4 any product for flexible labeling down to the item level. This capability enables automatic tracking and inventory control with strategically placed interrogators. Assuring Product Authenticity with RFID RFID labeling with proper security measures can assure product authenticity and prevent illegal cloning. The necessary precondition for the effectiveness of this scheme is for the product to withhold information until after assuring the authenticity of the interrogator. To achieve this, the tag must expect the interrogator to provide information proving its authenticity. This piece of information is one that only an authentic manufacturer can provide. The tag thus issues cryptographic challenges to the interrogator and will not give out labeling information unless the interrogator provides the proper response. This challenge-response scheme, illustrated in Figure 1, constitutes the proper RFID labeling security necessary to combat cloning. Since the interrogator initiates communications in most RFID protocols, the tag will need to have the challenge always ready. The interrogator would read the challenge and generate a response for the tag to validate. The tag updates its challenge upon a successful response. Counterfeiters, not possessing the proper response to the challenge, will never obtain the labeling information from the device and thus have nothing to duplicate. For example, a shoe manufacturer like Nike may choose to protect its brand and products from piracy using RFID technology. If they embed authentication tags within the shoes, then distributors willing to build a reputation around distributing authentic products can obtain proper interrogator devices from the shoe manufacturer and consumers can feel confident they are purchasing authentic products. High end shoe manufacturers may also find interest in equipping major shopping centers with public authentication checking devices (interrogators) for consumers to validate purchases from hawkers. In either of these cases, pirated products will not pass the validation tests. Unfortunately, many existing RFID security solutions do not possess this challengeresponse scheme thus lacking the infrastructure to protect against counterfeiting. The next few paragraphs highlight some existing solutions and their adequacy. Figure 1. Challenge Response Sequence: Tag Updates Challenge after Every Successful Challenge Response. Tag current challenge always available for interrogator to read Interrogator Challenge RFID Interrogator Interrogator Secret Interrogator Response Tag releases label information if response is valid Product Label RFID Security Tag Embedded in Product A RFID 06/07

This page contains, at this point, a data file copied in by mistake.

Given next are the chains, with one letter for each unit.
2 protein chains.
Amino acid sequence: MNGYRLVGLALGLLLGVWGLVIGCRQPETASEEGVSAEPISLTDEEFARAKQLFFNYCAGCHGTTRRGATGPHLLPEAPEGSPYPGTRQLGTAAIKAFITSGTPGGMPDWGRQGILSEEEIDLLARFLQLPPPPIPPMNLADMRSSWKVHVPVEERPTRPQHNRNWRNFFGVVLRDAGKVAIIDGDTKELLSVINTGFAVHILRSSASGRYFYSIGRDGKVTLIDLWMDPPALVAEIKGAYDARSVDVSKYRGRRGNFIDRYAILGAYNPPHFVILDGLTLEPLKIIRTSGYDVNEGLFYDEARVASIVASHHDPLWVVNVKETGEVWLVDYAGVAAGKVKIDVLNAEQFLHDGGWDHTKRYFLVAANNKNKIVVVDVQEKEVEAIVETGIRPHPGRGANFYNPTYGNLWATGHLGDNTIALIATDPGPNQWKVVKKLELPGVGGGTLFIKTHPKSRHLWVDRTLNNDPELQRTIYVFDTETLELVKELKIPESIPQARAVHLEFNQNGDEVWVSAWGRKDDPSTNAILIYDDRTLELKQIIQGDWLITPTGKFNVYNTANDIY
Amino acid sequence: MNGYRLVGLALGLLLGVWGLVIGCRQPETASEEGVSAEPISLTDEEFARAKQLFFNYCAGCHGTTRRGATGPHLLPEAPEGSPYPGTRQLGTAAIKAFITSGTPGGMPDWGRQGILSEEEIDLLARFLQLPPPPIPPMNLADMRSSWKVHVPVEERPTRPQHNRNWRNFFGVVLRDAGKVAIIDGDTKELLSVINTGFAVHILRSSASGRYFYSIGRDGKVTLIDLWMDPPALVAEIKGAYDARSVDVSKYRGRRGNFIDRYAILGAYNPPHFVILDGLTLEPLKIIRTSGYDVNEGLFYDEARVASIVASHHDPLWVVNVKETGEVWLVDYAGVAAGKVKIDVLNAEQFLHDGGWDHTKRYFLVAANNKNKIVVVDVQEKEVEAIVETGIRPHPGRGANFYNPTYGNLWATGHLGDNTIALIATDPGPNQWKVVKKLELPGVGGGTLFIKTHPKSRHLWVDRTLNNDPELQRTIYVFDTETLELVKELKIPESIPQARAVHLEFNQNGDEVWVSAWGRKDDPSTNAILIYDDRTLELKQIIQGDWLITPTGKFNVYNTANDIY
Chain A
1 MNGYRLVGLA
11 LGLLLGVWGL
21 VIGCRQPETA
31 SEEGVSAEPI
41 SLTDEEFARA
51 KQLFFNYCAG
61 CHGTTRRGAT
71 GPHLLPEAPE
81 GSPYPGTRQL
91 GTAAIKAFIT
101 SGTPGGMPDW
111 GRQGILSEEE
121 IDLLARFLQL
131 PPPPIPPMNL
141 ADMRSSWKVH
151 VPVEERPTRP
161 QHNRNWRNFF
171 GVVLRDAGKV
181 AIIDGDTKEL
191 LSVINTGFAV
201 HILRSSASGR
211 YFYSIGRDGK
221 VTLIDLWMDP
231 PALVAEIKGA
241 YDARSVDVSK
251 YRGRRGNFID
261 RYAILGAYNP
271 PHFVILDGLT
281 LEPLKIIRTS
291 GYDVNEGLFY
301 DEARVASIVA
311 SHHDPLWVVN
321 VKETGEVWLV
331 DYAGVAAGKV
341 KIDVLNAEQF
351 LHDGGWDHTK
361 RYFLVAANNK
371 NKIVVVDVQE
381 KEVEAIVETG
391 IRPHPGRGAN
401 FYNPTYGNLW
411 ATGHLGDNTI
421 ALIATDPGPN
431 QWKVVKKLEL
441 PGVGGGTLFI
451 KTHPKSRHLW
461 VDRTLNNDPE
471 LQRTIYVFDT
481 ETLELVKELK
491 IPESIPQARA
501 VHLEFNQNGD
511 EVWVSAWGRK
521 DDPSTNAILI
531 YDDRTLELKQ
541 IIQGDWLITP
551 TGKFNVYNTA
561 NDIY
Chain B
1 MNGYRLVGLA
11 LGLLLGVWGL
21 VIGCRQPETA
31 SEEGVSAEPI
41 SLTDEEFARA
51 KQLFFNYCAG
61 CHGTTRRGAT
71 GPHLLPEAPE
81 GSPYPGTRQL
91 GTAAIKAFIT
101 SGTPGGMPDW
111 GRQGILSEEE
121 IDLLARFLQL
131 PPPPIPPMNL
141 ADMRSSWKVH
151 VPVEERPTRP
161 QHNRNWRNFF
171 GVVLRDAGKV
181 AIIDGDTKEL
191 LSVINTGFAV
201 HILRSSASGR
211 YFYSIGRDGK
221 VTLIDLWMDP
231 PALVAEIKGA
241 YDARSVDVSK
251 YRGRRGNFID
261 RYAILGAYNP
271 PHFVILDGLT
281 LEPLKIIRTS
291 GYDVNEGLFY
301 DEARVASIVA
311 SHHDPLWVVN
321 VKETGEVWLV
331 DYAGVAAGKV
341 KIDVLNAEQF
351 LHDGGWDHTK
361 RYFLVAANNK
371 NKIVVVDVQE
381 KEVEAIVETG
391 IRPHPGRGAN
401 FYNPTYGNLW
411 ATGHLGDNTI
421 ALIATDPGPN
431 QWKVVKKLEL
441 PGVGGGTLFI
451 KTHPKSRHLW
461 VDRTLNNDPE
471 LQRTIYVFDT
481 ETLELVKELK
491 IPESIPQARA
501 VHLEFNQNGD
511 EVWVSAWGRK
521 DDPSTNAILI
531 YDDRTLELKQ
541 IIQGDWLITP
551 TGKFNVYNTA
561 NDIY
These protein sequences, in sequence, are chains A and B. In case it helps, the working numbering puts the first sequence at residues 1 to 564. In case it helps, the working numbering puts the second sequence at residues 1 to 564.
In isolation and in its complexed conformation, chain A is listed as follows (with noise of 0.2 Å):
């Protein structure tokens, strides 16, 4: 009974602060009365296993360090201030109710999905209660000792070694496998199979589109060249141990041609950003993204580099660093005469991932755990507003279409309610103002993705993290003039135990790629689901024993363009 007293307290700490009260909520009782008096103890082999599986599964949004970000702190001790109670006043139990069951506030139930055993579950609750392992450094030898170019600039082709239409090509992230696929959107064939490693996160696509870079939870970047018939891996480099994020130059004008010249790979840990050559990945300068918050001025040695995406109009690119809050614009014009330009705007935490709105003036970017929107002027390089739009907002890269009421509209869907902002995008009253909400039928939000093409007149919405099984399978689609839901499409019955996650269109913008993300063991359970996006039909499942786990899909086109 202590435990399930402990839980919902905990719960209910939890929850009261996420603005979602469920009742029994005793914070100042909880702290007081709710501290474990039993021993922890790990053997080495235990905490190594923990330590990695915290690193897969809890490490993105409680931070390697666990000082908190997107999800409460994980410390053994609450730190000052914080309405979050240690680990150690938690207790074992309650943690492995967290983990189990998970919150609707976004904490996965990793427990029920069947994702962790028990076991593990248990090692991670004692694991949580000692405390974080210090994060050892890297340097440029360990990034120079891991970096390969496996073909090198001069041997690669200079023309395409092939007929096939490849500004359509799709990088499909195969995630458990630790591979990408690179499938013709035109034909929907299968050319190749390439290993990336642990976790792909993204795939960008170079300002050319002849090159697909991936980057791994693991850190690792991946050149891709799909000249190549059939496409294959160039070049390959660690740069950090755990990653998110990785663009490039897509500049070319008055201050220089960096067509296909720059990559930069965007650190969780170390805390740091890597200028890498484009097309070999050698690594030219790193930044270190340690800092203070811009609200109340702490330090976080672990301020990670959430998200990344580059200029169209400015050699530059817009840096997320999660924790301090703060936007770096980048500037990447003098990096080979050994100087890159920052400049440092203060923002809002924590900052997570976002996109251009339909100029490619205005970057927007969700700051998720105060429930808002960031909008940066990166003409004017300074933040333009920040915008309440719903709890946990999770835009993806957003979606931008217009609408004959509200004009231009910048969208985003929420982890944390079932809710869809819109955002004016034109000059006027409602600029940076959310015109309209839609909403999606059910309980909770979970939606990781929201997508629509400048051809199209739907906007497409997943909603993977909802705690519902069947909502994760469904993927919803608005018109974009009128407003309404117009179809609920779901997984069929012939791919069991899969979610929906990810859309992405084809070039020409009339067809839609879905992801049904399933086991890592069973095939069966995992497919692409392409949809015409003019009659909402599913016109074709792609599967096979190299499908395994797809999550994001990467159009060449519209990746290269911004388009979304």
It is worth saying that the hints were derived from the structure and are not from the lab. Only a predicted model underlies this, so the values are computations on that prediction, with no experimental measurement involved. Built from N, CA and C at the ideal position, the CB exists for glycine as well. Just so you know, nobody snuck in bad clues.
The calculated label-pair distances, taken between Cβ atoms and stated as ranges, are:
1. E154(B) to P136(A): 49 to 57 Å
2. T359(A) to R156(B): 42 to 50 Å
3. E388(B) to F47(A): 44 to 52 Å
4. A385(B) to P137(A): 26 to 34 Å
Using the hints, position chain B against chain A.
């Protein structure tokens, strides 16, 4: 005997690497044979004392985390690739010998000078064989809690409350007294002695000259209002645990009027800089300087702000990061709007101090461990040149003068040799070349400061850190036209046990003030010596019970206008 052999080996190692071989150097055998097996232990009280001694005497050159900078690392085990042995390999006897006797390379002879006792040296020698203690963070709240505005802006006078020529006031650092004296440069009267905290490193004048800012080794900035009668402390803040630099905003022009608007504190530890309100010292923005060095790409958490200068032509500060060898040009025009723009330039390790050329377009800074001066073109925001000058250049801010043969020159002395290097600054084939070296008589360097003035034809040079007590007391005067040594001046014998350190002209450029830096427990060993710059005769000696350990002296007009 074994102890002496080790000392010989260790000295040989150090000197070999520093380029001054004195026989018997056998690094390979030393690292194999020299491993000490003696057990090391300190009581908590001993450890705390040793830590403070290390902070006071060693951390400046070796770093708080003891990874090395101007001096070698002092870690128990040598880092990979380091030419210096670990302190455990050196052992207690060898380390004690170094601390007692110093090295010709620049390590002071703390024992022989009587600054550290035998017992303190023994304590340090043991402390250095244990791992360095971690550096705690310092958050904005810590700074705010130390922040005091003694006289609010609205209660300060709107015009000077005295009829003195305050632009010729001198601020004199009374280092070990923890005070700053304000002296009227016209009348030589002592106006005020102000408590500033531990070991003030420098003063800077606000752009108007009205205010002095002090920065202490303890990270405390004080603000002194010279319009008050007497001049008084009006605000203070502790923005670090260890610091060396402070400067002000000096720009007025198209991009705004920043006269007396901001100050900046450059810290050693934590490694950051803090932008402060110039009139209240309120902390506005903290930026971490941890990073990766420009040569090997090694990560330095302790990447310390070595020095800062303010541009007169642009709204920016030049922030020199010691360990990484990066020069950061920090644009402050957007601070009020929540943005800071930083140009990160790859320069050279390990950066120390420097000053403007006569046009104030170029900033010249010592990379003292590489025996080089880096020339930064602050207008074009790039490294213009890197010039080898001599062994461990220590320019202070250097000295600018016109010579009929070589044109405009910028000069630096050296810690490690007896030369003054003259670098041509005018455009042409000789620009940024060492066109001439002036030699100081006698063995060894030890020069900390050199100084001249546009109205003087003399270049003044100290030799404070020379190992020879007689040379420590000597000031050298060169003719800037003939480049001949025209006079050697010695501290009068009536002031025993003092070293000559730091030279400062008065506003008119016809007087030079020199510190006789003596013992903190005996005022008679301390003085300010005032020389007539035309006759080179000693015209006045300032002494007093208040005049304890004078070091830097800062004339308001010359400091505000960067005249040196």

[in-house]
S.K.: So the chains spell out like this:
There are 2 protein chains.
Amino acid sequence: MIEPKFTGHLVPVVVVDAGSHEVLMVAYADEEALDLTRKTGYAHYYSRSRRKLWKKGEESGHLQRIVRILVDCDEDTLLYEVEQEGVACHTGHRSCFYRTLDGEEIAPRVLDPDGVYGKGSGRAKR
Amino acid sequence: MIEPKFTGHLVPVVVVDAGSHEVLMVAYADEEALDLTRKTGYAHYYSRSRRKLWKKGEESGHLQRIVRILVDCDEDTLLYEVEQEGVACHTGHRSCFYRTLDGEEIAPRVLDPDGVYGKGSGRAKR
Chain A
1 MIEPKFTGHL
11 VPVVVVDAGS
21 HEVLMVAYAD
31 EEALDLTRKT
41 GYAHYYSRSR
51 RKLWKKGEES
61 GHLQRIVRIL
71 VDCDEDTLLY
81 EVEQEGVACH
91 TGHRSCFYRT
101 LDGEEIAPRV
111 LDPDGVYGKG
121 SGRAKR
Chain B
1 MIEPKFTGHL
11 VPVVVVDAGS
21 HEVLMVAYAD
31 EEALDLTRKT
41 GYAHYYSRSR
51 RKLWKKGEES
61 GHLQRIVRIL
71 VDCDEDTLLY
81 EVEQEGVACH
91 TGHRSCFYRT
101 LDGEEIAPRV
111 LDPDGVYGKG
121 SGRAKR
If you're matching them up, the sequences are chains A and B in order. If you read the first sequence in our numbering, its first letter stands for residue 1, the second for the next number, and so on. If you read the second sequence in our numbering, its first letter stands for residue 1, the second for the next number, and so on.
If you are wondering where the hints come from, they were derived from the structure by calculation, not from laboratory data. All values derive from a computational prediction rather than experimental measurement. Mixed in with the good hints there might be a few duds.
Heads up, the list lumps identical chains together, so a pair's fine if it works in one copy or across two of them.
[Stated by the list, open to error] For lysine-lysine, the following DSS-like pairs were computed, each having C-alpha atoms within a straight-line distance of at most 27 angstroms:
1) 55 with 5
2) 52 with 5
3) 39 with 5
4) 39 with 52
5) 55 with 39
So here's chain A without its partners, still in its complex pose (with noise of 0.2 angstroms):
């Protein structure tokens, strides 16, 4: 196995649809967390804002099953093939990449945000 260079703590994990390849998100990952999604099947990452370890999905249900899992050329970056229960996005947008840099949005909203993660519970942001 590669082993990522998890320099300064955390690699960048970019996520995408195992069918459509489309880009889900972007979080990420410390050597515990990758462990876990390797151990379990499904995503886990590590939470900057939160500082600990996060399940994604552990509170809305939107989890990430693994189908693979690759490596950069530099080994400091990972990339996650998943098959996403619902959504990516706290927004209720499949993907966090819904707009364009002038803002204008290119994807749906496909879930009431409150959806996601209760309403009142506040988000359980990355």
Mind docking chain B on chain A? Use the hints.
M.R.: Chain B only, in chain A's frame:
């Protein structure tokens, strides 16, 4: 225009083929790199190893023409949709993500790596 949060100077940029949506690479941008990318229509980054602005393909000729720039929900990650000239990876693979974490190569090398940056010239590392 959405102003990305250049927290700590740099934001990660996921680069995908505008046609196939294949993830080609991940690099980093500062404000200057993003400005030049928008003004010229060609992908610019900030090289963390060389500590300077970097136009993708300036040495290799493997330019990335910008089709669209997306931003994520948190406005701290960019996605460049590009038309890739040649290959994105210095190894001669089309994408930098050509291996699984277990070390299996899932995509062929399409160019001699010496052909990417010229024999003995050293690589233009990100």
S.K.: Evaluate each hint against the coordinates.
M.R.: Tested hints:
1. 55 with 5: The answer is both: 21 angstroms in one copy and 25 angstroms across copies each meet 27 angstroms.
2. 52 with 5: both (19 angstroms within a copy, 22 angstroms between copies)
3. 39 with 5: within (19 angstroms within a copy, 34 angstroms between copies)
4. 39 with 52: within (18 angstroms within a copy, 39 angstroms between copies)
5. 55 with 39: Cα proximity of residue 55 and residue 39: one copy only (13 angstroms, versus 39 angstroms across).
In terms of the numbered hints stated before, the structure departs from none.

5 Password Protection Widely used protection scheme but unfortunately the weakest. All it takes is the breach of a single password to retrieve a tag label for duplication. Some tags may implement rollingpassword schemes that enhance sophistication but the fact of the matter is that it remains a password protection scheme. It only takes a single password compromise to completely expose the product for illegal cloning. Encrypted Labels Some manufactures go through the pains of encrypting the labels using very strong cryptographic algorithms. They may choose to store these labels in tags possessing password security already for added protection. Unfortunately, counterfeiters do not need to decrypt or understand the labels in order to duplicate them. This protection scheme remains as trivial as that offered by password protection. Challenge-Response Protection This scheme requires that tags authenticate interrogators before divulging information. The tags issue interrogators cryptographic challenges for which only interrogators possessing certain secret information are able to respond correctly. By managing interrogator side secrets, authentic manufacturers will possess the ability to prevent counterfeiters from reading their product information thus preventing illegal cloning of their product. Double Challenge-Response Protection Similar to the challenge-response scheme with additional ability for the interrogator to also challenge the tag as illustrated in Figure 2. This scheme requires both interrogators and tags to independently store asymmetric secrets to use in the process. This mutual authentication scheme provides assurance to both authentic interrogator and tag about each other s authenticity. This is particularly useful where authentic interrogators need to provide field updates to authentic tags. For example, interrogators in a mobile electronic application, like smart phone firmware upgrade equipment at a supplier location may need to ascertain the authenticity of the tag (product) before issuing a firmware upgrade. This mutual authentication scheme provides for very powerful counterfeit protection A RFID 06/07